Inside The Writers' Room

Inside The Writers' Room



the term showrunner doesn't appear in the credits ever but what it really means is the writer producer generally who is the decider as george w bush said and it's i guess it's a role similar to director in a movie which means that i've hired all the cast and all the writing staff and you know i do a lot of editing spent a lot of time in the editing room well fresh mates this show which we do which is most like a sort of classical team written show if there is such a thing and see do we recruit recruit all the writers together with args extra producers and producers so we meet them all interviewed and read their scripts and they'll obviously higher than them first thing we do any series of fresh meat is set around a big table and spend a few days or a couple of weeks just all of this kind of brainstorming coming up with ideas putting the writing staff together is what i imagine putting it may be a baseball team together would be in that there's different positions and you're trying to get a balance and you know as you're hiring you you have a lot of good joke people but you need some story people or you have people who can sit around and discuss character all day but you need somebody who understands dialogue and speaks the way people speak nowadays i guess the thing is about a british writing team is it's smaller than the u.s. writing team so in a way in an american writing team you can look for more different qualities in the room maybe we just look for somebody who's going to write a good script that's all all we're really interested in and some people are talkative in the room some people are Sparky and some people aren't that kind of person they're welcome to because because often those people can write great scripts I'll usually read hundreds of spec scripts and then get about 40 that I want to meet the writers of and then when you're meeting them you're pretty much just looking for a bottle of wine that's gone bad you know it's like you're not you're most people are pretty nice and funny but some people are just really weird and in person you realize like I don't I don't want to hang out with them for intensely for the next ten months or something you know the main thing is not what happens in the writers room is what happens in your room at home when you're writing so when we're interviewing four writers the main thing 90% 80% 90% of what we're looking at is the script that you've written to see what you know how good you are and then the rest it's kind of purely nice guy great if you're not it sort of doesn't matter that much you must be a man though oh you must be a man or at least have been a man at some point mostly in comedy shows the writers get together every day for the entire day and they form something called the room and what you want to come out of the room is ideas so you you you you know the the reason that probably Sam and I works you guys were in a partnership rather than our own is because in that dialogue between you you get more ideas quicker than you do when you're on your own and hopefully the room multiplies that by another factor it's the job of the the showrunner to to try and make sure that everyone feels safe in the writers room you know you that's a balance because if there feel too safe then they just talk and talk and talk and no work gets done and some rooms that I've been in for example The Simpsons is a very quiet room and there's a very high standard for what you have to say and that's the way they liked it and I remember when I was working there they hired a pretty young writer who just loved talked and drove everybody crazy because in that little silence where they were all you know sifting through the possibilities and trying to think of the funniest line he would just fill it up with attention needing stuff and so they got rid of him pretty quick I think I deal right through has a mix of people of different genders and different backgrounds that's nice to have different voices in the room and not a kind of echo chamber of all the same types of people so that's quite nice to have and you know the probably the cardinal rule is to be to some degree positive if if there's a negative feeling and your people feel like ideas are going to get struck down that's bad for coming up with new ideas I guess one of the things I've learned over the years about a writers room is that even though there are a lot of different personalities in different minds and it's a great benefit to have all these different people they're all kind of cut from the same mold in the sense that they're all comedy writers and I've I've learned to take take the consensus of the room with the grain of salt at times and check other non writer types because writers do have a lot of prejudices and personality quirks and you know sometimes it's good to ask the prop master what he thinks or she thinks of something and I used to have little focus groups where I'd bring the accountants the show accountants in and play them scenes because you know I don't even know if they liked the show they were very they would certainly not like the writing staff which was completely engaged in every detail so the accounts would look at it they go yeah that's offensive but I like that well I mean in terms of tips when you writers I think the writers room is such an unusual environment in British TV that really it's almost you're likely to end up writing in a submarine probably as a writers room but unlike in the u.s. where it's so common so the main thing is just work on your script work on your script work in your script because you know it the writers room is still very much secondary in British TV and even an American TV you still go away and write your episode you know I think people have a myth that it's getting written in the room nothing ever gets written in the room but it helps you come up with the plot break the plot but you won't even get in the room unless you've written a cracking script so right right right there's no there's no alternative to that I'm a big fan of originality so I like to hear jokes and stuff that I've never heard before I'm sure a lot of people are that way and I also feel that there's a you get a sense of the morality of the person who makes suggestions from how they make suggestions you know so they're not how but what like for example what they think is an appropriate ending to a story whether they think that you know certain behaviors should be rewarded with positive successes at the end of the story or whether it makes them really laugh when innocent people run into horrible outcomes you know you kind of get a sense of what the person's like the dudes are to come and be ready with lots of ideas and be as much as you can a normal human being you know you don't you don't sort of going to be a dick but likewise don't be frightened little Maggs I think that's the key isn't it just normal human interaction or fake normality you can fake normality then you'll join your fit in well with writers yeah you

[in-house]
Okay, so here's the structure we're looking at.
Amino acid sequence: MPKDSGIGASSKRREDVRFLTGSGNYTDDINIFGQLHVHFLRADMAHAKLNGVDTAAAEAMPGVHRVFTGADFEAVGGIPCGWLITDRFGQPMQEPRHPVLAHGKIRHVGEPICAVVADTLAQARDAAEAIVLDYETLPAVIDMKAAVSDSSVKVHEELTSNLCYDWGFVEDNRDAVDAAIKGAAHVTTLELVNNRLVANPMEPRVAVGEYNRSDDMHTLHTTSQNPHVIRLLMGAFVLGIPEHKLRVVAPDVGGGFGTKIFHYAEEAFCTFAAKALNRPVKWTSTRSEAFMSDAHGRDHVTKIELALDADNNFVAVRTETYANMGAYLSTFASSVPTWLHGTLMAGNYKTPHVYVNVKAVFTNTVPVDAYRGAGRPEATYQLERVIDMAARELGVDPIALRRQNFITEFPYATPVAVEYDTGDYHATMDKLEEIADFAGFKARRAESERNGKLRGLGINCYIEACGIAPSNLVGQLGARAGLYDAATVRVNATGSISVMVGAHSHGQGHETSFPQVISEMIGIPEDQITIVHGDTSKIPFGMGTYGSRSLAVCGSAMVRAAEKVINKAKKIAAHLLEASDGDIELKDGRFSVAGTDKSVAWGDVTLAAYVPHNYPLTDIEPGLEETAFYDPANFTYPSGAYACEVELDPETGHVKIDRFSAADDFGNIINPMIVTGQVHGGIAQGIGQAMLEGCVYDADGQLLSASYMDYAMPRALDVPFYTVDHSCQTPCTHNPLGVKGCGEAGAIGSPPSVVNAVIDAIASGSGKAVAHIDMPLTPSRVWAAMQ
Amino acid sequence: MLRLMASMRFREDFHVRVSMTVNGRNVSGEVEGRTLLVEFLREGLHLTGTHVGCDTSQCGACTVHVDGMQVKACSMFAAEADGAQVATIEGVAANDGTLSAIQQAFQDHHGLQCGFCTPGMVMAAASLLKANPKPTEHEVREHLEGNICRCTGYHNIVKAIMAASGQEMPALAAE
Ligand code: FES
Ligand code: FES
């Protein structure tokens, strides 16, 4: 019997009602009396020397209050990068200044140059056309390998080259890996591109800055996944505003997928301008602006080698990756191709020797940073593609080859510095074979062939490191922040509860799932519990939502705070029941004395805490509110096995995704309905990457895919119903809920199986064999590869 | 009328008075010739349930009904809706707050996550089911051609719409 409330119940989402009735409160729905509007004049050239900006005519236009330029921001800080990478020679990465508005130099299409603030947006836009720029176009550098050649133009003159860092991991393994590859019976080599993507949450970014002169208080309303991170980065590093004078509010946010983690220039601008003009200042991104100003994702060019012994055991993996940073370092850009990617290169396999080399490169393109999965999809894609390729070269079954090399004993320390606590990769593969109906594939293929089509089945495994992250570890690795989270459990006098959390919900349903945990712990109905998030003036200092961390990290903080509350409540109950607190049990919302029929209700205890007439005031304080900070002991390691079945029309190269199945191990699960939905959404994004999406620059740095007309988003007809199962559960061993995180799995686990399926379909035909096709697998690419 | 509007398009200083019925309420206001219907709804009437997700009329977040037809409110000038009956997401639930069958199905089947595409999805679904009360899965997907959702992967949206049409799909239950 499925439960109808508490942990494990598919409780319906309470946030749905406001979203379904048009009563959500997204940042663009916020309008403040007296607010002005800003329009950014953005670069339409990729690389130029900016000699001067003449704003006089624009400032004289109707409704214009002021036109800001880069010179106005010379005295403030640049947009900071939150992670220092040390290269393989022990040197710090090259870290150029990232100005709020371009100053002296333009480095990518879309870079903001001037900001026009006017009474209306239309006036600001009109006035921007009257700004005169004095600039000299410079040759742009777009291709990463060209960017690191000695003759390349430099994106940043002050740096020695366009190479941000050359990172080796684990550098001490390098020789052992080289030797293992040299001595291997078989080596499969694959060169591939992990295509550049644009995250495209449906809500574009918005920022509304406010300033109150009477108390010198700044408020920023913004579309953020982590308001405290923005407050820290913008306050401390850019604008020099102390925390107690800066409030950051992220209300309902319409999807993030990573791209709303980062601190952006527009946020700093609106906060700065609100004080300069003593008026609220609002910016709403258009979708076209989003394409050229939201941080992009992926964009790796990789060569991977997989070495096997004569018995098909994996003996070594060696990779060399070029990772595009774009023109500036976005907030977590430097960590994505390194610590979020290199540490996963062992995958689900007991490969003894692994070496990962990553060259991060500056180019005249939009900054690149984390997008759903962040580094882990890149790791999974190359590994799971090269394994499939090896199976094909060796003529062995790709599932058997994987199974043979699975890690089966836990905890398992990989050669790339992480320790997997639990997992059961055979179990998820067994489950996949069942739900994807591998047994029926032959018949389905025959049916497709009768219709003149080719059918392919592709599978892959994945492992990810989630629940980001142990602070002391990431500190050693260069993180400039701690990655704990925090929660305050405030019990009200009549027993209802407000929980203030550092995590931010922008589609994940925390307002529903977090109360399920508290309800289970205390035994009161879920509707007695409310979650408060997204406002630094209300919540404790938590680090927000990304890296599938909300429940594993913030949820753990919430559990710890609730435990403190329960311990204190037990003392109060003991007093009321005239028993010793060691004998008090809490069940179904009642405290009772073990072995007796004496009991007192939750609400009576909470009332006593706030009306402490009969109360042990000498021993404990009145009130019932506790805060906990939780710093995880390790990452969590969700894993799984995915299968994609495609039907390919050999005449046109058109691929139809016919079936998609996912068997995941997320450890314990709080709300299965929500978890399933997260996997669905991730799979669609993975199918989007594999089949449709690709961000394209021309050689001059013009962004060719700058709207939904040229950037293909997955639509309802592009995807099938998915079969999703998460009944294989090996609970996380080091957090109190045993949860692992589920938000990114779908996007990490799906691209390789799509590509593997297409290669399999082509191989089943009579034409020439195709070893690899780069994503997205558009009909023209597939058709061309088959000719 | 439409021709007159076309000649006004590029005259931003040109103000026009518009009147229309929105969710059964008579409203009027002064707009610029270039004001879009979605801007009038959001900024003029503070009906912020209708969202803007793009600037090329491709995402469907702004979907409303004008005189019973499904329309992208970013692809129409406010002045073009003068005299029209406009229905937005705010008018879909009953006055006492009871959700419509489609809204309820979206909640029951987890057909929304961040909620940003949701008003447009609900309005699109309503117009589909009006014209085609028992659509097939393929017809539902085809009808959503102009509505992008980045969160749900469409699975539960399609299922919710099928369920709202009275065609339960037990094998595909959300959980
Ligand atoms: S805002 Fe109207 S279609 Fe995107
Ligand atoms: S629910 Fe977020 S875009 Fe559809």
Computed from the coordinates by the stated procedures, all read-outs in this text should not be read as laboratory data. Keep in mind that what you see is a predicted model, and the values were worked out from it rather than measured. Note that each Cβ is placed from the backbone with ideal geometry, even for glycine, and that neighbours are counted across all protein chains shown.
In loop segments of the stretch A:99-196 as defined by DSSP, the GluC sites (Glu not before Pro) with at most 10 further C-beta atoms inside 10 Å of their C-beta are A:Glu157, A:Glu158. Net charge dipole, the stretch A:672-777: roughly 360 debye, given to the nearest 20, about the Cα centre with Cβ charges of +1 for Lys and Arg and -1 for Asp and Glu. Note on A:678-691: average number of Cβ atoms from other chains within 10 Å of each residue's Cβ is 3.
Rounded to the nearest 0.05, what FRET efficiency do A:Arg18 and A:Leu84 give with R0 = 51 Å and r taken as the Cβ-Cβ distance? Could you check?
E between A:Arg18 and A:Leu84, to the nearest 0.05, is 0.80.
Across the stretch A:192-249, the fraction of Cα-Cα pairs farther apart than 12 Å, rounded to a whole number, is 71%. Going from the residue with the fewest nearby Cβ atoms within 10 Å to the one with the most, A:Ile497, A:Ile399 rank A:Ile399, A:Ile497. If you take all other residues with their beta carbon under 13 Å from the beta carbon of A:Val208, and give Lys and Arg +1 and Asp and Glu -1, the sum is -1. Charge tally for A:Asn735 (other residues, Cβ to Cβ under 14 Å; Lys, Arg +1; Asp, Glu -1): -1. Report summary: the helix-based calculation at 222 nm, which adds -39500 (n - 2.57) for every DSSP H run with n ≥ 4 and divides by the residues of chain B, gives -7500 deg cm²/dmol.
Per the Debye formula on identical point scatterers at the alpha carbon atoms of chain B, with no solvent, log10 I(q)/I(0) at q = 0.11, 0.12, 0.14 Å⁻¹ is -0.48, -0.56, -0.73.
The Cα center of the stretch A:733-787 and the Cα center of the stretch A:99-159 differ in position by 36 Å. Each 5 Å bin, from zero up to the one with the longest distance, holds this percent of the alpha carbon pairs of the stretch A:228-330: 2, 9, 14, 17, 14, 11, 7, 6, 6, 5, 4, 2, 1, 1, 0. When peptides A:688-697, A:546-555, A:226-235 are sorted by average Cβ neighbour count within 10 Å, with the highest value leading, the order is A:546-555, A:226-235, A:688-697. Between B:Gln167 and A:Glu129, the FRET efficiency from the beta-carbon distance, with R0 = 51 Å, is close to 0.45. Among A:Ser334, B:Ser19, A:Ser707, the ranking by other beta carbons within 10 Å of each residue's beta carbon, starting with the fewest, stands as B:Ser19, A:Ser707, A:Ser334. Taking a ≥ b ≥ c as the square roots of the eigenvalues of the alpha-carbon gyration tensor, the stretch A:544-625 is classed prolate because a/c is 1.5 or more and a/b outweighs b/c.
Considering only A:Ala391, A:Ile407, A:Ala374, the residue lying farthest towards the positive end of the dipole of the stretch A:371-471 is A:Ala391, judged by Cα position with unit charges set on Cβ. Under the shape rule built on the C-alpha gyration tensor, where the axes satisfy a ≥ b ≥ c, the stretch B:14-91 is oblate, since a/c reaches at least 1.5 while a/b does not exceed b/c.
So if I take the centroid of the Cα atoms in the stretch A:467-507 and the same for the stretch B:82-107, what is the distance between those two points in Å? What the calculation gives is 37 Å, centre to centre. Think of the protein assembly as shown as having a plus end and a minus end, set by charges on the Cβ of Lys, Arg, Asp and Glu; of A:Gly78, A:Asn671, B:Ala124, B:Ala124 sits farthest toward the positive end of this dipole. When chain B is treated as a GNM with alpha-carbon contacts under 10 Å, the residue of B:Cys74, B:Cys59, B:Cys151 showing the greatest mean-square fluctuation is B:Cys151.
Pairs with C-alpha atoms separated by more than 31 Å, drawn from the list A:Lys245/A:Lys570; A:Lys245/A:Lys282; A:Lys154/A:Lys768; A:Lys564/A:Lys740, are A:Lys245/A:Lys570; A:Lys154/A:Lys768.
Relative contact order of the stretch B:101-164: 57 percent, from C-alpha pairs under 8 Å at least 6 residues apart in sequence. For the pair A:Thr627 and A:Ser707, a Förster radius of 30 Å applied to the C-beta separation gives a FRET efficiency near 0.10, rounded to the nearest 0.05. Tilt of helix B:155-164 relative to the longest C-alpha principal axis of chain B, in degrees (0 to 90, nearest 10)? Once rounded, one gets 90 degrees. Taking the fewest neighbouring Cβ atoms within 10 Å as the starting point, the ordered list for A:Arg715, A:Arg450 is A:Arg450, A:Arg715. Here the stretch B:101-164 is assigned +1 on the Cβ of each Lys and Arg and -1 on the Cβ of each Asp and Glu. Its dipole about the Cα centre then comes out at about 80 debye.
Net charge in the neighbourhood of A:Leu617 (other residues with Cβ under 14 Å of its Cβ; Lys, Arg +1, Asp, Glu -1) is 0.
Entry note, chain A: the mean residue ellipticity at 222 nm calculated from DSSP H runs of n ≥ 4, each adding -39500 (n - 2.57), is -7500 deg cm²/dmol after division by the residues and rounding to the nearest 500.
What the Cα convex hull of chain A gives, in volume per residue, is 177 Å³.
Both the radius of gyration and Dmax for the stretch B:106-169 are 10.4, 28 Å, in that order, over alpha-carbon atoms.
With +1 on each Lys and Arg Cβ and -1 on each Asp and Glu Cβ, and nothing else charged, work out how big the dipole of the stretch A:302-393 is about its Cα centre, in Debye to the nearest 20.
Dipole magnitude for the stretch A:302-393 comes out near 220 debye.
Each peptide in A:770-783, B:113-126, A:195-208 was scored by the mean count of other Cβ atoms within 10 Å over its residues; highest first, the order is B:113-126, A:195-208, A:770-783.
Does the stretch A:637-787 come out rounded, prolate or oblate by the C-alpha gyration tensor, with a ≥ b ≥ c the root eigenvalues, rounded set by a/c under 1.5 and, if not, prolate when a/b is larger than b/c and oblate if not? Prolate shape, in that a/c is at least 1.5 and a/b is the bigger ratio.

3 Comments

  • DC Adapted says:

    I love this: The UK showrunners say when hiring writers they're most concerned (90%) with the person's ability to write well, whereas the US showrunner is almost entirely interested in hiring people with whom he can "get along."

    The Brit guys go on to say they like having a mixture of personalities because it helps with creativity and when evaluating ideas, whereas the American showrunner talks about having to go out and ask someone like the prop master for his opinion on a new joke because the American writers are too much alike!

    Is it any wonder at all that most UK comedies are so much better than most American comedies?

  • SamuelDaram says:

    This video is a real treat. Only  eight minutes?

  • Torc Handsomeson says:

    lol that american guy is so sombre, you wouldn't think he's in comedy from his demeanor.